Fourth, despite the definitions of washback refer to the impact that the use of a test has on individuals and institutions, I think no matter what assessment tool we use, there will always be a washback. Since this effect is brought about by the assessment decisions we make, the assessment tool we choose is just the way we operationalise those decisions. The assessment tool is just a means to an end. We must be aware of our assessment decisions. Anyway, this is just my opinion. If you’d like to learn more about washback, you should read Bailey (1999) and chapters 1 and 10 in Fulcher (2010).

What’s more, and this is something I’ve learnt when doing ETMOOC, we must ask ourselves and encourage students ask themselves: What have I learnt so far? / What did I learn today?, How am I making my learning visible (i.e. accountable, evident to others)? And how am I contributing to the learning process of others?

Finally, though I make my best to give students several opportunities to have a say during the project planning and implementation, and that I go back to my initial plans and introduce changes here and there; doing all this doesn’t mean the project will be 100% successful. Last year, due to non-teaching staff’s strikes, I had to trim some teaching sequences from the project in one of the classes. Some contents were left out. As a result, the final task had to be changed. So did the assessment tools.

Any suggestion, piece of constructive criticism? I’m all ears (and eyes). 


Bailey, K. M. (1999). TOEFL Monograph Series 15. Washback in Language Testing. RM-99-04. Princeton, New Jersey: ETS. Available at retrieved 18.05.2013

Ellis, R. (2003). Task-based Language Learning and Teaching. Oxford: Oxford University Press.

Ellis, R. (2009). Task-based language teaching: sorting out the misunderstandings. International Journal of Applied Linguistics, 19 (3), 221-246.

Fulcher, G. (2010). Practical Language Testing. UK: Hodder Education.

Sunday, May 12, 2013

Task Design Principles: A mash-up of TBLL and CLIL

In my previous post, I reviewed some definitions of task within the field of Second Language Learning (SLL) and, more specifically, along the lines of both Task-Based Language Learning (TBLL) and Content and Language Integrated Learning (CLIL).

At the fourth meeting, we analysed some teaching sequences and talked about the factors influencing the choice of resources and the design of tasks. Among other things discussed, we came to the conclusion that we, as EFL teachers, need to make sure the subject content is relevant, interesting and cognitively challenging to learners through language input that is comprehensible and accessible.

In other words, we must customise tasks by meeting the students’ learning needs in terms of the ideational, interpersonal and textual metafunctions of language described by M. A. K. Halliday and in terms of Coyle, Hood and Marsh’s Language Triptych, a conceptual representation that analyses the connexions between cognitively demanding subject content, language learning and language using (2010: 36-38).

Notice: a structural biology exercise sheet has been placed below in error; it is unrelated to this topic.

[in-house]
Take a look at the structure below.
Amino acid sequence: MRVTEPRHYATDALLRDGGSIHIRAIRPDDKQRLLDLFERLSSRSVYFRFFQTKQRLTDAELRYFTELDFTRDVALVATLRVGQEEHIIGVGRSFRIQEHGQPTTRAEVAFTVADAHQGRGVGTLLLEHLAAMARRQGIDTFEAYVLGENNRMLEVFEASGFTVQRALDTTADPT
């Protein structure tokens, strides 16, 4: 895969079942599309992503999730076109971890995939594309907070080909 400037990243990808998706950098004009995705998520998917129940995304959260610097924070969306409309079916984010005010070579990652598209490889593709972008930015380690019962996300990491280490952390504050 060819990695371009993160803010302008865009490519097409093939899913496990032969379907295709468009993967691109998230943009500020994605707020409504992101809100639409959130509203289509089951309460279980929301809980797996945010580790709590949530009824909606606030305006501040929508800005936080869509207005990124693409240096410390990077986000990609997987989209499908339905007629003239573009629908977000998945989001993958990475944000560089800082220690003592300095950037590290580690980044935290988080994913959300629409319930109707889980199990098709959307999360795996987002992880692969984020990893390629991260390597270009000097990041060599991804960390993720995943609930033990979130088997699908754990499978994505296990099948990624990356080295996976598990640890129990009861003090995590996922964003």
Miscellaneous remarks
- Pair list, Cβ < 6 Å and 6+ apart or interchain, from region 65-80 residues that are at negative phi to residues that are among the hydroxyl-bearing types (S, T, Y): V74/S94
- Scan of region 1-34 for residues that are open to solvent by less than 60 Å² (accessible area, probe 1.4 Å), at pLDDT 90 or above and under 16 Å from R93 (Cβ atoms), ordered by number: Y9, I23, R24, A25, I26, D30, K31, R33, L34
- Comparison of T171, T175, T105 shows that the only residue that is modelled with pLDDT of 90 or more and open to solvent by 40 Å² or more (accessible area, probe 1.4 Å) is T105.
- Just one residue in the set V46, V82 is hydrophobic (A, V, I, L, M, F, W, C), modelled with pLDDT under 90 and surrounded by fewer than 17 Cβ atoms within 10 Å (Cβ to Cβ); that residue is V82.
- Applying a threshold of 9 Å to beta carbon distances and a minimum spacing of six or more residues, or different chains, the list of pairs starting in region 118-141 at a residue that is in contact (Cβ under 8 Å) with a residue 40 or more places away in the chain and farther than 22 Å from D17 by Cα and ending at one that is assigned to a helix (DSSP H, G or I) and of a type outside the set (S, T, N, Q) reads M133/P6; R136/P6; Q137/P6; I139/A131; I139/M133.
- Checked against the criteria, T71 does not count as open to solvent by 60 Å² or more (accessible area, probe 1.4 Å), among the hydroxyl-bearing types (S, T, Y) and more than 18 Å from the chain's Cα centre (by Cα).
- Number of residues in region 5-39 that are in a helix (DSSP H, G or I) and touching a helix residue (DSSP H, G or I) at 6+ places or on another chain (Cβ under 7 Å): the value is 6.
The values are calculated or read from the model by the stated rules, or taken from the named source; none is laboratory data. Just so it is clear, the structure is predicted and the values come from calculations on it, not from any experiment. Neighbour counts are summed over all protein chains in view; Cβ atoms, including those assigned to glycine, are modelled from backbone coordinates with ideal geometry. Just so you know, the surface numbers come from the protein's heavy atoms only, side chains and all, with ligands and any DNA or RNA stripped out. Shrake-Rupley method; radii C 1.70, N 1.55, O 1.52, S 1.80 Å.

That is, tasks should exploit the language of learning (the language needed to access basic concepts and skills related to the theme; the language directly derived from the subject content), the language for learning (the language needed to operate in a foreign language environment; the language need to carry out tasks and communicate in the classroom, together with the language skills and metacognitive strategies to go on learning) and the language through learning (the language that emerges as the result of developing new knowledge and skills; continuously recycling and extending new language so that it becomes embedded in the learners’ repertoire).

Moreover, since there’s always a sociocultural component embedded in the resources chosen and the tasks designed, tasks must also help learners meet the challenges imposed by the features of our particular teaching context. When working at a state secondary school in Buenos Aires Province, among other aspects, we must take account of:

a) the learners’ representations of their culture and of their role as students,

b) the teachers’ representations of their culture and of their role as education professionals, c) the availability of educational resources (including graduate EFL teachers and graduate subject teachers),

d) the fact that we are teaching English as a foreign language at state secondary schools where CLIL is implemented as language-based projects (i.e. only English language teachers are in charge of these projects),

e) the fact that the curriculum design of secondary education is prescriptive and clearly establish the attainment goals, learning objectives, teaching objectives, contents, teaching methods, assessment tools and, in some subjects, the compulsory bibliography,

f) the fact that some students live in very poor conditions in shanty towns and have to work long hours before or after school,